Drum Biker: Greg Hum


There is a good chance you have seen or heard Greg Hum riding by somewhere around Boston. If you are a cyclist in Boston, there is also a good chance that you’ve gone on a ride Greg had a hand in creating. In 2009, Greg had an idea to cycle the route of the Boston Marathon at midnight before the race with a group of friends. Fast forward to 2013 and the Midnight Marathon ride has become an institution and tradition: this year the MBTA ran an exclusive Commuter Rail train from South Station to the start line  in Hopkinton. Earlier this year, Greg was part of the group that brought Boston Bike Party to life. Next Tuesday, September 24, Boston Bike Party’s monthly installment – this month’s theme is “Back to School” – will roll again from Dewey Square at 7:30pm. Greg and I caught up for a little Q&A about drum biking, using guardrails as instruments, and Oreo cookies, among other things. 

So far, what was your all time favorite reaction to your drum biking?

One time I was drumming on my bike through Downtown Crossing when a group of maybe ten teenagers broke out into dance as they crossed the street in front of me, so I stopped biking and kept drumming for what turned into a two-minute long spontaneous sidewalk dance party. The other great moment was when a driver next to me at a red light started honking his car horn to the rhythm of my drumming, and I mean honking to off-beats and honking his own drum rolls. It was obvious this guy was a drummer as well, and for the two minutes we were stopped at the red light, the beauty of being able to communicate and make music with a stranger in a car just by banging some drum sticks on my bicycle blew my mind.


Photo courtesy of Greg Hum

Was your drum bike born this way or was it an evolution? 

My drum-bike was definitely an evolution that has gone through several iterations, which started with just a bucket and a huge cowbell, inspired by my friend Galen, who was drumming on his bike before me. My original setup looked pretty absurd because I literally just plopped a bucket on top of my bike’s front basket. Later on I added a plastic woodblock and a real splash cymbal to get more sounds. I’m the fourth and latest drum-biker in a long line of drum-bikers, and each of us have very different biking, drumming, and drum-biking setups and styles.

Do you remember the first time you bike drummed and what was that like? 

At first I felt like I was going to die, because I would have to be biking with just one hand. I wasn’t used to drawing attention to myself and was pretty timid about making lots of noise out in public. Of course, after practicing this almost every day for the past four years, I’m now not only good at drumming with both hands while steering and braking with one, but I’m not shy with performing in front of people anymore and actually have an idea of how different types of crowds will react to different types of drumming. Recently I’ve started incorporating different types of urban sounds to my drumming, like drumming to the beat of a the crosswalk signal beeps, or hitting guard rails and lamp posts on-beat as I bike by them; something I would never have imagined myself doing when I first started.

So, you’ve drum biked all over the country. How does the reaction in other cities compare with Boston?

I’ve found that people in cities like Boston, San Francisco and Chicago tend to be more reserved when they see something out of the ordinary like a guy drumming on a bike. I get a lot of smiles and double-takes, but nothing too crazy. Meanwhile, drumming in cities like New York and Miami, I get lots of people who yell complements at a distance or just start clapping and dancing to the beat, which is extremely thrilling. Portland, Oregon was the only city where someone rolled up to me on a bike and flat out called me “an idiot” to my face, and shortly after that, where someone risked their life running into the middle of the street to me to tell me he loved my drumming and to give me a single dollar.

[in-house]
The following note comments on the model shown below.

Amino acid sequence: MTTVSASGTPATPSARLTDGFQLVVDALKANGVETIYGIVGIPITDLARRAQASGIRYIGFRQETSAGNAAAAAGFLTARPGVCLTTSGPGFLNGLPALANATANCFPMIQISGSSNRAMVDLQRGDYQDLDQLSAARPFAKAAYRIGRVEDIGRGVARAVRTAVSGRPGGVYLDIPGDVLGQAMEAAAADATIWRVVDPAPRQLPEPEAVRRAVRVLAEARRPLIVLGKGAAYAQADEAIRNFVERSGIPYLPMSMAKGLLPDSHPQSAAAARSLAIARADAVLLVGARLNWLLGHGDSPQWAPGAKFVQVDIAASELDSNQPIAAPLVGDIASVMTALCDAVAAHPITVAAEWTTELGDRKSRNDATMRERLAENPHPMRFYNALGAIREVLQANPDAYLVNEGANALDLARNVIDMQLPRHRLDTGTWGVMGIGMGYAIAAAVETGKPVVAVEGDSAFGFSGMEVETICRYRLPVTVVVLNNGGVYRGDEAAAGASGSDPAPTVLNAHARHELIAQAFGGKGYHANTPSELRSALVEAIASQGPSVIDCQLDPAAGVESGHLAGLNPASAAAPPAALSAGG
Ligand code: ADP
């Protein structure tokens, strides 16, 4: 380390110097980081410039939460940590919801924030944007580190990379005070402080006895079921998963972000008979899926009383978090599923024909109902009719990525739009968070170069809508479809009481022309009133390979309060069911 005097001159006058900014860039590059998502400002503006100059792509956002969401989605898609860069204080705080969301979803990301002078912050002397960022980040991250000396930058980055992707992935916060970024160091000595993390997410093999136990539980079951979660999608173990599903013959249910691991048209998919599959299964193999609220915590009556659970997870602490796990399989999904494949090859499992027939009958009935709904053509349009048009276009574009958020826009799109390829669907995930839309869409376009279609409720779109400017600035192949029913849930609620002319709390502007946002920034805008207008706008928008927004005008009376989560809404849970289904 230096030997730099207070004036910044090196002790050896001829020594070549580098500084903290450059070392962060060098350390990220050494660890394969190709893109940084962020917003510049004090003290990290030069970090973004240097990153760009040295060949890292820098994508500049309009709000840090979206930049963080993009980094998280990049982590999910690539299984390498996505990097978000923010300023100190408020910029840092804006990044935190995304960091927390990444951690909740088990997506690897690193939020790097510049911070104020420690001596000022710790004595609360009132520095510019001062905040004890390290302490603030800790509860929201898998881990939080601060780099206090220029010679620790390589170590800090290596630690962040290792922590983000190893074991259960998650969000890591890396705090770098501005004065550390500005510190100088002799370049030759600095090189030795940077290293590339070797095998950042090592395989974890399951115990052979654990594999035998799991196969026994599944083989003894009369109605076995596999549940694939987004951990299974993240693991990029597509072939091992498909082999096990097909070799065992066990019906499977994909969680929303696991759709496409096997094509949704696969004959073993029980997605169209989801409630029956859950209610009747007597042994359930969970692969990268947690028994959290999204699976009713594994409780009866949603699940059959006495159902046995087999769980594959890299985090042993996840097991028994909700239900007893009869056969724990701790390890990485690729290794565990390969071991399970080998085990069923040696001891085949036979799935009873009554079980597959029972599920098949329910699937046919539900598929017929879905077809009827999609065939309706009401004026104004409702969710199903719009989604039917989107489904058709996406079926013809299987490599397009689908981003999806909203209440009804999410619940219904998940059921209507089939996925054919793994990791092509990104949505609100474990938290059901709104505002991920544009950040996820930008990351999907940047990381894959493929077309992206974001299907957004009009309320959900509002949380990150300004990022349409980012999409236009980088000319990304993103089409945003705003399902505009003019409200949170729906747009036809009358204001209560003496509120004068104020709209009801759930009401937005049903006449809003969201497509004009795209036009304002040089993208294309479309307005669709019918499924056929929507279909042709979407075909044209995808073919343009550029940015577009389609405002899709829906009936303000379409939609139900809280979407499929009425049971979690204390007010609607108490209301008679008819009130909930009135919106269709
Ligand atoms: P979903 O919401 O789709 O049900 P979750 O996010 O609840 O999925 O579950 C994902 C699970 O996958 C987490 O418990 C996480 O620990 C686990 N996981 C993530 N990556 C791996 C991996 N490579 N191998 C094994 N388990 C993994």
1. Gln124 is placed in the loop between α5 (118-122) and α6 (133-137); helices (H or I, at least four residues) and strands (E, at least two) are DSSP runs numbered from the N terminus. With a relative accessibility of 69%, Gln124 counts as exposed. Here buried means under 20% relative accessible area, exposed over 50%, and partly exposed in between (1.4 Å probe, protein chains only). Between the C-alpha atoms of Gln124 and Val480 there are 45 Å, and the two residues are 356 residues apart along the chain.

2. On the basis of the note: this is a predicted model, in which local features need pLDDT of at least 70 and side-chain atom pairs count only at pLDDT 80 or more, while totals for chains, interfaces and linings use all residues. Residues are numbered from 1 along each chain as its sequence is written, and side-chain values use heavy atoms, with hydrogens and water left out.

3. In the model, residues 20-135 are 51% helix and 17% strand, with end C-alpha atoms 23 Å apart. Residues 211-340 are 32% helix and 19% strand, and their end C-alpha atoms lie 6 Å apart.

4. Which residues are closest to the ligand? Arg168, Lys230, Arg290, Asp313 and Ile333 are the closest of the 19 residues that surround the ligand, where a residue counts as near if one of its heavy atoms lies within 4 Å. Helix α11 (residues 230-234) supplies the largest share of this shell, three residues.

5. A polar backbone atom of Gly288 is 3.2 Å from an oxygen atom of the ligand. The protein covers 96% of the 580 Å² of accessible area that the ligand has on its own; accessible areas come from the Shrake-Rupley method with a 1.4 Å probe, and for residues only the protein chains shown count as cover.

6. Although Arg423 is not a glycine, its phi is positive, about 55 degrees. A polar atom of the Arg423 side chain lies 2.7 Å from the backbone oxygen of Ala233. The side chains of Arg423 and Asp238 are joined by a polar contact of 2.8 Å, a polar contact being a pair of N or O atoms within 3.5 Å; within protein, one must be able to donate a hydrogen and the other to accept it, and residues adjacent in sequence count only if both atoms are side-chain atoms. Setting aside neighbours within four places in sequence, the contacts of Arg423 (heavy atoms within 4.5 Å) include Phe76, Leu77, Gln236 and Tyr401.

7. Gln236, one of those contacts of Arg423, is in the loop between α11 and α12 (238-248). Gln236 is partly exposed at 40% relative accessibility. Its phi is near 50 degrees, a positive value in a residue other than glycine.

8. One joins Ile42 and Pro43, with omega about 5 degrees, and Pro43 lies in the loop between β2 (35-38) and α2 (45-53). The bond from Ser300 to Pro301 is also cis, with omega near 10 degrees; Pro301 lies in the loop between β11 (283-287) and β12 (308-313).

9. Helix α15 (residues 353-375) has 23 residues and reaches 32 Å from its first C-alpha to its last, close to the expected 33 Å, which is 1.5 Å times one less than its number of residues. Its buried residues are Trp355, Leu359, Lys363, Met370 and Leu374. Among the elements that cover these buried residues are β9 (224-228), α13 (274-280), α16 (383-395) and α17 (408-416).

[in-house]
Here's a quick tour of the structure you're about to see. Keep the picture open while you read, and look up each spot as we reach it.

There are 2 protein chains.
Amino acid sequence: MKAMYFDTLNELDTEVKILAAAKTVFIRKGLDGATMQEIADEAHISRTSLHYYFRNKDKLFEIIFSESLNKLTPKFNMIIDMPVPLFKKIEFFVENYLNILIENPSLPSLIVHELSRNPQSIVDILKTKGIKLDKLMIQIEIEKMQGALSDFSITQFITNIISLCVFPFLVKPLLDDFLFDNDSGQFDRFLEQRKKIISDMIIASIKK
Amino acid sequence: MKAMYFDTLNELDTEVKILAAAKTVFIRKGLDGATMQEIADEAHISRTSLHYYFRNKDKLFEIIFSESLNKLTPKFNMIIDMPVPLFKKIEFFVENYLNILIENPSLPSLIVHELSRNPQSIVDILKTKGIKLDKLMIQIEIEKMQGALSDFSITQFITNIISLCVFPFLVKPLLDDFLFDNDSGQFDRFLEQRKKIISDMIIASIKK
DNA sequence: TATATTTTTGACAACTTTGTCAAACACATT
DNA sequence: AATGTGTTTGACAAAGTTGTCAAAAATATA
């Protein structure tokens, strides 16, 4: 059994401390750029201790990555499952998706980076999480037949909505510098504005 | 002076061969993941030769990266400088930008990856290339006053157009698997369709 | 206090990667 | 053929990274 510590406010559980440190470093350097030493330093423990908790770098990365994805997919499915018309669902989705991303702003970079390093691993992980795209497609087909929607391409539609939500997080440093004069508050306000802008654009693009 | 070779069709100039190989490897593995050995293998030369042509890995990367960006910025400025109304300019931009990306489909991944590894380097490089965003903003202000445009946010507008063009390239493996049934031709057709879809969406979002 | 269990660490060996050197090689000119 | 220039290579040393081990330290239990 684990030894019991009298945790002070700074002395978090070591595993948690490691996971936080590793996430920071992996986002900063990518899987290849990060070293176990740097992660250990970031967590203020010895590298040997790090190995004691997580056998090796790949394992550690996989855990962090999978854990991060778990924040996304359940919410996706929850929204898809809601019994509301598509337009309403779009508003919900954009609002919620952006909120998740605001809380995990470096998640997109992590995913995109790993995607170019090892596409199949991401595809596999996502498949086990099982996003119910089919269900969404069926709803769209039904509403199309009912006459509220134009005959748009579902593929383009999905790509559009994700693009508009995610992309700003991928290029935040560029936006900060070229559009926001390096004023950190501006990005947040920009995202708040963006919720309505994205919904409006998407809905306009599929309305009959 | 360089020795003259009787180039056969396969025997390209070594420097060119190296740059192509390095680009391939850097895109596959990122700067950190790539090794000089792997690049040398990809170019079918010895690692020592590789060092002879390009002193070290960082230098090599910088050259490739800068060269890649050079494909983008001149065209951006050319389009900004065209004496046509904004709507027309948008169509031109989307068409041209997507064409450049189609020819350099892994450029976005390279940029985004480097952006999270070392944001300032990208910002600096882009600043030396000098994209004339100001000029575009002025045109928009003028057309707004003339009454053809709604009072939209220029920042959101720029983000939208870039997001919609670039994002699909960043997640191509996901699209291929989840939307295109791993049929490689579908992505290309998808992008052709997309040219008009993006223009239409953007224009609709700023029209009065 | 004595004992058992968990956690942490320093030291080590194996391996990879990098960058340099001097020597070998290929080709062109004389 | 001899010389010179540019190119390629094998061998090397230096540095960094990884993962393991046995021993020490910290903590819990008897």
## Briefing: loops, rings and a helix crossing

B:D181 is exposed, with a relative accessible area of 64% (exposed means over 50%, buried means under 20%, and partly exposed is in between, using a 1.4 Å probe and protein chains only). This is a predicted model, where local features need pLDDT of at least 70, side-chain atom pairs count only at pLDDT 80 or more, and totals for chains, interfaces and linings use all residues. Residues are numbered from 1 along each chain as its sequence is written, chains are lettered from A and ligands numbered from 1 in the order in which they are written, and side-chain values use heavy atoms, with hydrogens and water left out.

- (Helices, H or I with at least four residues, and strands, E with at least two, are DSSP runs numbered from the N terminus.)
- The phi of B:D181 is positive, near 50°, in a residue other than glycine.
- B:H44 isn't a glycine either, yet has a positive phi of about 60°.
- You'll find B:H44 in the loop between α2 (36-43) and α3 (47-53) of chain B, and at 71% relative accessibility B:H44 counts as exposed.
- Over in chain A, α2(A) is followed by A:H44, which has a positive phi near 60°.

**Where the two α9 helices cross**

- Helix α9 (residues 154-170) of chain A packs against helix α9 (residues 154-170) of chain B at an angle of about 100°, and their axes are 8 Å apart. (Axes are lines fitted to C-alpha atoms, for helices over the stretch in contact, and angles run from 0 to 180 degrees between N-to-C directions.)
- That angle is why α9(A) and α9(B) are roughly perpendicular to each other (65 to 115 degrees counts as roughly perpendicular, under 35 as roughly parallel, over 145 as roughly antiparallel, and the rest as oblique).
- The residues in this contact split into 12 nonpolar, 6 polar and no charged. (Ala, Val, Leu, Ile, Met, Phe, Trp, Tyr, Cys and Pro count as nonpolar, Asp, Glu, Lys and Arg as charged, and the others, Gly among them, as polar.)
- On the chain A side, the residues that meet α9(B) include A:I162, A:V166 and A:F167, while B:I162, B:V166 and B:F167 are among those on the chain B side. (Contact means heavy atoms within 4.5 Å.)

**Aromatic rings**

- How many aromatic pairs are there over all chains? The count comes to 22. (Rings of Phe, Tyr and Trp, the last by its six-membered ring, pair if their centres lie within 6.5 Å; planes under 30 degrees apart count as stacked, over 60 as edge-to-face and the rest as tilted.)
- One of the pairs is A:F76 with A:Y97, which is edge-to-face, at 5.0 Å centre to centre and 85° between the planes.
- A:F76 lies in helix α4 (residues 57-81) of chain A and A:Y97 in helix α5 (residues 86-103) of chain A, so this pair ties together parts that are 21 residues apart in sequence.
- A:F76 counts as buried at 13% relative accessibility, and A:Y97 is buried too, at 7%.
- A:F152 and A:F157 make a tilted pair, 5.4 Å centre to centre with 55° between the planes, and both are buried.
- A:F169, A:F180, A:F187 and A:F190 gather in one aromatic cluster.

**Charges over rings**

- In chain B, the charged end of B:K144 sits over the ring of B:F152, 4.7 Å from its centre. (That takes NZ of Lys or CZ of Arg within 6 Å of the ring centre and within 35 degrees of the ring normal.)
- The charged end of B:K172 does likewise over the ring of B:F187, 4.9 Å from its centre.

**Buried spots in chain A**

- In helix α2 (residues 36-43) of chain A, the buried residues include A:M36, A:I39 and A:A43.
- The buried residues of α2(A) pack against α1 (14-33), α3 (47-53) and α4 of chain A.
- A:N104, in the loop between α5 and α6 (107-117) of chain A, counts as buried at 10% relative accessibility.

You started the Midnight Marathon ride four years ago and earlier this year helped start Boston bike party- what’s next?

I’m taking my life one pedal-stroke and downbeat at a time, but I do love the idea of getting lots of people together for bike rides. I had a chance to visit Portland, Oregon this year in time for their month-long community-organized bike-fun festival called Pedalpalooza. There are so many events on the Pedalpalooza calendar that it’s just not humanly possible to attend half of them, and every weekend there’s a big bike ride that hundreds or thousands of people partake in, like the famous World Naked Bike Ride, and the Midnight Mystery Ride which I found myself on an hour after getting off my airplane. There are a lot of neat bike rides that happen year round in Boston, but I think it would be pretty cool to dedicate a few weeks here to nothing but having fun on bikes.

What do you do when you are not starting rides or bringing music to the streets of Boston? 

When I’m not drumming or biking, I’m at my day job which involves helping people set up and use their computers. Recently, I’ve been diving head-first into the world of rock-climbing, which had definitely helped with my drumming strength, endurance, and drum-biking balance. Downtime usually involves relaxing outside somewhere with a pack of Oreos and thinking of other neat ways to make people smile.


The lead photo of this post appeared in Momentum Magazine, Issue #62.

Ride on, Greg!


One Comment on “Drum Biker: Greg Hum”

  1. […] was the case when my friend Greg Hum recommended I talk to Kati Reusche, a colleague of his who happens to own one of those […]

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